31 January 2005

Single...With Children: What Is The Definition Of A Heroine?

Single With Children: People overlook the everyday heroines

By Susie Parker

Publication Date: 03/27/02

First of all, thanks to everyone who e-mailed me with kind words over the recent health scare with my dad. Each one was a blessing to me, and I have kept all of them in a special folder that I will dip into from time to time when I need comfort. It reminded me of the innate kindness of readers.

My 18-year-old daughter informed me the other day that March is "Women's History Month." I was not aware of this. Katie was not only aware but also more than a little unhappy that I was ignorant of the fact. I could tell this because she fixed me with one of those "what planet have you been living on?" looks. I get that a lot and most of the time with good reason. She went to the periodicals section of the bookstore searching out stories in magazines celebrating her most revered feminine heroines and icons. She came out empty-handed and incensed. There's very little gray area when it comes to Katie. She's highly opinionated, passionate in her interests and not the least bit shy about sharing them with anyone. I have to admit I love this quality.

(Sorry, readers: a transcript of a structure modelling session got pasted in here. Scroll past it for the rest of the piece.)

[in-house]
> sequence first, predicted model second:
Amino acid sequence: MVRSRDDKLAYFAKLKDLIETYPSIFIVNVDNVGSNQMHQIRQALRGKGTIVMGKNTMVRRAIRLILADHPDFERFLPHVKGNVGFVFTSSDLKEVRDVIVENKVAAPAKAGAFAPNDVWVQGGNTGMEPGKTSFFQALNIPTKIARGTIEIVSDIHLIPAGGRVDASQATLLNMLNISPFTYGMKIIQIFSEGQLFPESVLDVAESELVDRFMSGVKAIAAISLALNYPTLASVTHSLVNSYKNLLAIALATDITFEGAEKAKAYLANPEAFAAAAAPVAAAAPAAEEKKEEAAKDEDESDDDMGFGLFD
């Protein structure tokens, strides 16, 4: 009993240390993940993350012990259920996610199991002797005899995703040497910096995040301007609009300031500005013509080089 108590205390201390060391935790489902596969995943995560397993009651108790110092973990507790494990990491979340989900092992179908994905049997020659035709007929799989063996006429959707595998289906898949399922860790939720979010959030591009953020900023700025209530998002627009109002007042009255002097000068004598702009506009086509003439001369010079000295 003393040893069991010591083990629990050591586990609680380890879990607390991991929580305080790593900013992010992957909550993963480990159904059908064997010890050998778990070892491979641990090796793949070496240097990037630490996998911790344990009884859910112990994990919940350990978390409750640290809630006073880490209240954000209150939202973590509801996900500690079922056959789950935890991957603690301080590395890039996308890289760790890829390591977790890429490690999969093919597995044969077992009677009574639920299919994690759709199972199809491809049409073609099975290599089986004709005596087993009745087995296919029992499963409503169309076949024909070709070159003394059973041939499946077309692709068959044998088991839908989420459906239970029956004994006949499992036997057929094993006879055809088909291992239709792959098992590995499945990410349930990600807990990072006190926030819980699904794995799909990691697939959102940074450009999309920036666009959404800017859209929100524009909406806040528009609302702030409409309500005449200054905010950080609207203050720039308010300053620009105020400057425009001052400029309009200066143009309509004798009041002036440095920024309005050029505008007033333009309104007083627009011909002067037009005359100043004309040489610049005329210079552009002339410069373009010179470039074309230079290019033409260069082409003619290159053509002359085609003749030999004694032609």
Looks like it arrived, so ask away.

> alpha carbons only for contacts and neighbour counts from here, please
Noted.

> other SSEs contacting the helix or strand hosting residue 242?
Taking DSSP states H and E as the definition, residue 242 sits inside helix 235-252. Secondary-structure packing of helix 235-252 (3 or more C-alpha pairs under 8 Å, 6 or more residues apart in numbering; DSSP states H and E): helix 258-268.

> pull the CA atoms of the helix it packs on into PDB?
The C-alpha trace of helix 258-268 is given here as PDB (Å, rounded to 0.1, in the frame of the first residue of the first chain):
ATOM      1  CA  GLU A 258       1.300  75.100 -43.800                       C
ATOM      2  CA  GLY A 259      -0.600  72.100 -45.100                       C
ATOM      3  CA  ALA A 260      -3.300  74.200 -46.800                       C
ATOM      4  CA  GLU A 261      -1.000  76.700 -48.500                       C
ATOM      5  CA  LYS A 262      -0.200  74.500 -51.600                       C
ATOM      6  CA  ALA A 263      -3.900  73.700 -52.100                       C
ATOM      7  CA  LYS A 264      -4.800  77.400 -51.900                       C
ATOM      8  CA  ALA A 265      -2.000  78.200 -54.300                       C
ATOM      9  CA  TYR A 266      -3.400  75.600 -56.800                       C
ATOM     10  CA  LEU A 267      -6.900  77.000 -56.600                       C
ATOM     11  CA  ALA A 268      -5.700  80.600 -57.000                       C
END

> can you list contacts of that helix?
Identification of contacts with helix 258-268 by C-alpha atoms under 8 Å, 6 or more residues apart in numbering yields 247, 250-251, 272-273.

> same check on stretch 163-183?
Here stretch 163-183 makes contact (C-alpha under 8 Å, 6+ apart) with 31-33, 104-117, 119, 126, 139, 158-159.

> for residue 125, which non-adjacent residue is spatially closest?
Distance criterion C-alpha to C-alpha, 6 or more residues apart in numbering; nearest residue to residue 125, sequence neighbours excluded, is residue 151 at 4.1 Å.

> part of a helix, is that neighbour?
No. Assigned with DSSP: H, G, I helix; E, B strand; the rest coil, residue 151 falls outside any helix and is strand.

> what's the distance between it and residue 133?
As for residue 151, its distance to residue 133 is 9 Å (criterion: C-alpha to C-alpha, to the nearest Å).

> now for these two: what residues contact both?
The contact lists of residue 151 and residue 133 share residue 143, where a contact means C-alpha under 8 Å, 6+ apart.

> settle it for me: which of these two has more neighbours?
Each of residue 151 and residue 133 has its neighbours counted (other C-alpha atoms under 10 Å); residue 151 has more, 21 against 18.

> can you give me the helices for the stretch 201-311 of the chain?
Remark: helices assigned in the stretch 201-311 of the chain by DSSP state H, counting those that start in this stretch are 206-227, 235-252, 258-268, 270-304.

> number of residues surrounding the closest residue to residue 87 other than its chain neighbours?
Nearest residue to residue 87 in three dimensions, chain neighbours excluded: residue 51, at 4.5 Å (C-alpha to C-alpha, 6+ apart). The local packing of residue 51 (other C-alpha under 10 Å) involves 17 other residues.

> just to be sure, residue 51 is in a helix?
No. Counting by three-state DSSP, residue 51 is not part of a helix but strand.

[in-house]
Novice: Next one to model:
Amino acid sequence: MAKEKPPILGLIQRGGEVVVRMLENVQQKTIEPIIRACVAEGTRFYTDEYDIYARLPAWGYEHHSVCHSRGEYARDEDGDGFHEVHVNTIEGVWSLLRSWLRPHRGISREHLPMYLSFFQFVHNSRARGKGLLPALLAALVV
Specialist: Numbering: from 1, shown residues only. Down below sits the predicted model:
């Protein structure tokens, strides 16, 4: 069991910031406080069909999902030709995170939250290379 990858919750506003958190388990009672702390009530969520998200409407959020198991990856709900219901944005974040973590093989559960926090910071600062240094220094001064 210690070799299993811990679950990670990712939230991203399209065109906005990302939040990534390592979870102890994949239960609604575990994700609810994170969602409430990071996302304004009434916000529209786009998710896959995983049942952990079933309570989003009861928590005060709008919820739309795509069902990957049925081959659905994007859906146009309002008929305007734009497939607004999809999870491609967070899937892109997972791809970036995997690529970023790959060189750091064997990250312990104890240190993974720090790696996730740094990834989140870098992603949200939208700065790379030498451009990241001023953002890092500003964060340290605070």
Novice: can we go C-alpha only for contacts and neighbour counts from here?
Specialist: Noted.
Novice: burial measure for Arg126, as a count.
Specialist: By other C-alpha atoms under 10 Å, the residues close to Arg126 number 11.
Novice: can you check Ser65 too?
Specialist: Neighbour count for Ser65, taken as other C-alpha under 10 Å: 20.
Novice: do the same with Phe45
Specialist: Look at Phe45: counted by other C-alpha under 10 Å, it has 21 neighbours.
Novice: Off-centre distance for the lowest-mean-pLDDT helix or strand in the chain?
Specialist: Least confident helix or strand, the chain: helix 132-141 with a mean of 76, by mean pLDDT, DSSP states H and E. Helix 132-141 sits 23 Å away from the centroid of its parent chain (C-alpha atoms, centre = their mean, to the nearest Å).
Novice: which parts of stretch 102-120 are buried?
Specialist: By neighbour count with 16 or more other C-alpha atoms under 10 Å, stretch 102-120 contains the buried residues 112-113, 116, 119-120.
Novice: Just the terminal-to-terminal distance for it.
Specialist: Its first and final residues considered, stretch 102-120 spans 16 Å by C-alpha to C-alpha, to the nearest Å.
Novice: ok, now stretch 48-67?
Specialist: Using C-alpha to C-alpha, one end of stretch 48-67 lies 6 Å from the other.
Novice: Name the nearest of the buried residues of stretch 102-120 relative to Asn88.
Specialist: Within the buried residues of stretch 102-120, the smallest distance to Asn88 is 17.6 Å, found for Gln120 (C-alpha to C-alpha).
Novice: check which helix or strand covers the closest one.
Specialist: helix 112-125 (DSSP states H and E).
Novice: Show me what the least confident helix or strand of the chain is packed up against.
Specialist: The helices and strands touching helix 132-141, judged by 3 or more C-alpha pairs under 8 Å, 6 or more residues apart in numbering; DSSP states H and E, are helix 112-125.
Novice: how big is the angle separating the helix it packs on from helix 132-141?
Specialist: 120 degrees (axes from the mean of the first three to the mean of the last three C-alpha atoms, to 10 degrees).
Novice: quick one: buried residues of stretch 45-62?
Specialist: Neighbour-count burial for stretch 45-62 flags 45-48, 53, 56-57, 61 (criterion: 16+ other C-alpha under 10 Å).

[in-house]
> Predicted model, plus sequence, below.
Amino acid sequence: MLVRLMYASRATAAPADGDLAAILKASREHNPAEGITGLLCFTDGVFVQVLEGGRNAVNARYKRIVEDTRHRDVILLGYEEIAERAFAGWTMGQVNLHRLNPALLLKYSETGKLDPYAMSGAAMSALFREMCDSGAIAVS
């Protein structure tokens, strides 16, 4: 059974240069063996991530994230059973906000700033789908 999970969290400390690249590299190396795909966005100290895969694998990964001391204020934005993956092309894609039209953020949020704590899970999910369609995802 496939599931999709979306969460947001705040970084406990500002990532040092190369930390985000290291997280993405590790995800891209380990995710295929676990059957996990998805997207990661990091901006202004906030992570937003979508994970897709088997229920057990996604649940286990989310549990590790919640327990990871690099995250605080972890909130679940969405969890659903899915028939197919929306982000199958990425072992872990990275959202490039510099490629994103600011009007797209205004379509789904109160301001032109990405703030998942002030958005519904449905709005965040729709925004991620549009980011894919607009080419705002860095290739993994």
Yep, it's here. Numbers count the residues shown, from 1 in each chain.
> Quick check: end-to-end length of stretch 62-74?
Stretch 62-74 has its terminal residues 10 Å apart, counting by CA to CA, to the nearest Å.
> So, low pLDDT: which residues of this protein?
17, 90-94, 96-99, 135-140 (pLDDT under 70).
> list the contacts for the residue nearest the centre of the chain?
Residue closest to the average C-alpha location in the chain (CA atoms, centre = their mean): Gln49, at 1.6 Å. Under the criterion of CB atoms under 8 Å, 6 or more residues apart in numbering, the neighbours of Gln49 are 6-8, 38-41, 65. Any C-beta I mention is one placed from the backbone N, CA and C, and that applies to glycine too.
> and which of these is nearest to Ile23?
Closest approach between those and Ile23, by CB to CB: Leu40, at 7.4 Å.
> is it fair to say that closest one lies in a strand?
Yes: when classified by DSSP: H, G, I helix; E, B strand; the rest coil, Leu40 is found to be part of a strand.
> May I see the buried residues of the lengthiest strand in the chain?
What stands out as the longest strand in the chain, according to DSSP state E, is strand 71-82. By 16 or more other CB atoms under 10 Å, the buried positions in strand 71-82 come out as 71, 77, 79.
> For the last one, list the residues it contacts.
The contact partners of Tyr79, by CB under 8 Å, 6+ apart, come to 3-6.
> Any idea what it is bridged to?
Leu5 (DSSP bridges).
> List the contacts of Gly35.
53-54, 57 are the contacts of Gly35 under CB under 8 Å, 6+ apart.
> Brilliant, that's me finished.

Over a cup of tea, she regaled me with what she termed a short list of all the women who should be honored in some form this month. At first, I only politely listened. However, Katie taught me that history isn't simply about the men who wrote and signed the U.S. Constitution, the man who discovered the vaccination for polio, or even the hardscrabble pioneers heading West in the 1800s to stake a claim on an unknown future.

She introduced me to women who have made a huge impact with their lives. Women like Lucretia Mott, Alice Coachman, Empress Wu Zetian, Anna Comnena, Jeanne d'Arc, Delores Huerta, Elizabeth I, Mbande Nzinga, Amelia Earhart, Eleanor Roosevelt, Anne Hutchinson, Sally Ride, Mother Theresa, Susette La Flesche, Georgia O'Keeffe, Ella Grasso, Sara and Angelina Grimke, Dorothy Height, Antonia Novello, Katharine Graham, Emily Dickinson, Dorothea Dix, Elizabeth Blackwell, Gwendolyn Brooks, Jane Addams, Indira Gandhi, Valentina Tereshkova, Anne Frank, Laura Ingalls Wilder, Golda Meir, Willa Cather and Frida Kahlo...just to name a "few."

How did she know all of this by the age 18, I wondered? And not only could she list these women, she gave me a brief, concise bio on each of them. I was impressed and suddenly realized why she felt so impassioned and disappointed that there wasn't more attention paid to their varied contributions.

As we continued the discussion, I started thinking of all of the women I have met in my own life who have awed and amazed me. People I've unwittingly met on this path that is my life and who have touched my existence with their presence, making my walk more illuminated, safe, colorful and just plain fun. Haven't we all met women who have done that for us? There have been so many teachers, nurses, doctors, writers, administrators and the list goes on.